“It’s different than voting on the hypothetical Trump — someone who’s going disrupt things and be a change agent,” he elaborated. “That hasn’t gone very well for him, and it is perceived by voters that it hasn’t gone very well for him.”
Republican insiders agree, saying Trump faces an uphill battle as the November election nears.
“Some Republicans acknowledge that the political landscape has changed since 2016, making Trump’s pathway to reelection less certain,” the Post notes. “Mark Jefferson, executive director of the Wisconsin Republican Party, said Trump’s support is stronger with rural voters than it was in 2016, but ‘we’ve still got work to do in suburban parts of the state.'”
Also hindering the President’s 2020 re-election bid is his inability to hold his widely-covered MAGA rallies.
“The campaign has not had discussions with the state party about having rallies in Wisconsin, Jefferson said, a sign that such events might be a ways off. He said the prospect of not having rallies would be ‘disappointing’ but pointed to the effort by Trump’s team to mount a virtual campaign,” the Post reports. “Some Trump advisers have begun to prepare for the prospect that rallies may not be able to return until just weeks before the election. That level of uncertainty has permeated some of the comments of allies who still favor Trump to win but now acknowledge the unprecedented challenge he faces in vying for a second term at a time of public disruption and hardship.”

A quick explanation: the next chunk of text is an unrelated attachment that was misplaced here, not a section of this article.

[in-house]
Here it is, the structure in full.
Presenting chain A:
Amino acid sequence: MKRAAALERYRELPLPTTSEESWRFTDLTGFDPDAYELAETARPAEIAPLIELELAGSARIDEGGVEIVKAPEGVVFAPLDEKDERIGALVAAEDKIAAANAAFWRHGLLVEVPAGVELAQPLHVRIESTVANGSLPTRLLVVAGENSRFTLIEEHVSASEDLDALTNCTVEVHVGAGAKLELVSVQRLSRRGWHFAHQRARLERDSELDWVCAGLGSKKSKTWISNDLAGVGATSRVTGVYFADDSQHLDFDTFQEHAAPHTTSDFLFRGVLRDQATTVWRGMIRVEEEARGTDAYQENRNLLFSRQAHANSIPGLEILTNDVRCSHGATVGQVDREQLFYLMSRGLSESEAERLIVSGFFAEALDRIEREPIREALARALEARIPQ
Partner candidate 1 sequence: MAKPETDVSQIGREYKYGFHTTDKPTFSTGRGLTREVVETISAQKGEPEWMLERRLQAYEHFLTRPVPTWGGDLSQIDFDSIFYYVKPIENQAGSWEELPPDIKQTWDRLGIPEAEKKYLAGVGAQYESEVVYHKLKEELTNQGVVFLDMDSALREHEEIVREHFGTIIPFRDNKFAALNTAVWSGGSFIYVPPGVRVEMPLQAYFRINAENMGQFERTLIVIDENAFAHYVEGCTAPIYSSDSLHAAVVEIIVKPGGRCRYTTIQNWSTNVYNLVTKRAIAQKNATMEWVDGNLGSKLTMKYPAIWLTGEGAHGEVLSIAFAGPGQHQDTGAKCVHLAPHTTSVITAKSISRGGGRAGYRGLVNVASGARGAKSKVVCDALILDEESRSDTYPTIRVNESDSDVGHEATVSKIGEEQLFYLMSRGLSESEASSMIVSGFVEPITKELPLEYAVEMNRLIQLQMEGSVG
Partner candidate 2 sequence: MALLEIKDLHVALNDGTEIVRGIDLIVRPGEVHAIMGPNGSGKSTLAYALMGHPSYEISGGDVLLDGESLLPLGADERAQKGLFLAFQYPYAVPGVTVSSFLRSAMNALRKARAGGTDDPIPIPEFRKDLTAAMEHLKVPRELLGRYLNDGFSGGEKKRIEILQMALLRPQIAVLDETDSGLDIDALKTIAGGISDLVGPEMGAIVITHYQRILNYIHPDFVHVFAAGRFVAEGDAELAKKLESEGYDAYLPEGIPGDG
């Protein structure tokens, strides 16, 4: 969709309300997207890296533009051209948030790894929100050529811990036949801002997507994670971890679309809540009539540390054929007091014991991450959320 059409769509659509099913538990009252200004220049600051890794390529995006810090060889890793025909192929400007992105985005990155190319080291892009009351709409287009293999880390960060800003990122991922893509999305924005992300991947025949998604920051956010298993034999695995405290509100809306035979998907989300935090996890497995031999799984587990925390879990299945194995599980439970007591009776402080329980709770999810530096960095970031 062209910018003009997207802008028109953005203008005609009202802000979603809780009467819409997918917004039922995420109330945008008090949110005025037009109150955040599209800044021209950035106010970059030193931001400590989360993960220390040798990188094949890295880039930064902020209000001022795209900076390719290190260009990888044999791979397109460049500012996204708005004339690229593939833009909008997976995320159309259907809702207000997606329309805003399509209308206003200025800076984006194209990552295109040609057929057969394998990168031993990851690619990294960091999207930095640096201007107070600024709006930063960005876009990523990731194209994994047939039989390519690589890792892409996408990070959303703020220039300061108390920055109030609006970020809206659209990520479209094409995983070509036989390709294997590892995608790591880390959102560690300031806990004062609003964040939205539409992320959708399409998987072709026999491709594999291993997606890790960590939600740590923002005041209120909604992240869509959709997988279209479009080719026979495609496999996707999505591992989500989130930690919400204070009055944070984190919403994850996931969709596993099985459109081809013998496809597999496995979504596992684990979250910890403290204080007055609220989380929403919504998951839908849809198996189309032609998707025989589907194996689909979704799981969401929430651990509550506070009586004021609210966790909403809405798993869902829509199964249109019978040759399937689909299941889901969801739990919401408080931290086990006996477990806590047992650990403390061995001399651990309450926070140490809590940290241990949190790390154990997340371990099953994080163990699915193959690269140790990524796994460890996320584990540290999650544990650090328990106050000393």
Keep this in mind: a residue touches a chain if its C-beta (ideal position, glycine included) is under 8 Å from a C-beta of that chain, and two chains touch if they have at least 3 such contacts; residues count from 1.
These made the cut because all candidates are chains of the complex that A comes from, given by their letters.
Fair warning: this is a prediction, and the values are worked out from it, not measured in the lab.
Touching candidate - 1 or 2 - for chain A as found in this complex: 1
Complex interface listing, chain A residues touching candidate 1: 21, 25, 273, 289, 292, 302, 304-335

You can read more here.
‘Black Voices for Trump’ spokesperson wants to nullify 100,000 Black votes he says were ‘tampered with’
Paris Dennard, a spokesperson for Black Voices for Trump, on Tuesday suggested that someone "tampered with" the votes of Black Americans in a scheme to steal the election from President Donald Trump.
During an interview on Newsmax, Dennard said that he believes that Trump will overturn the results of the election despite a determination by the General Services Administration (GSA) that Joe Biden is the president elect.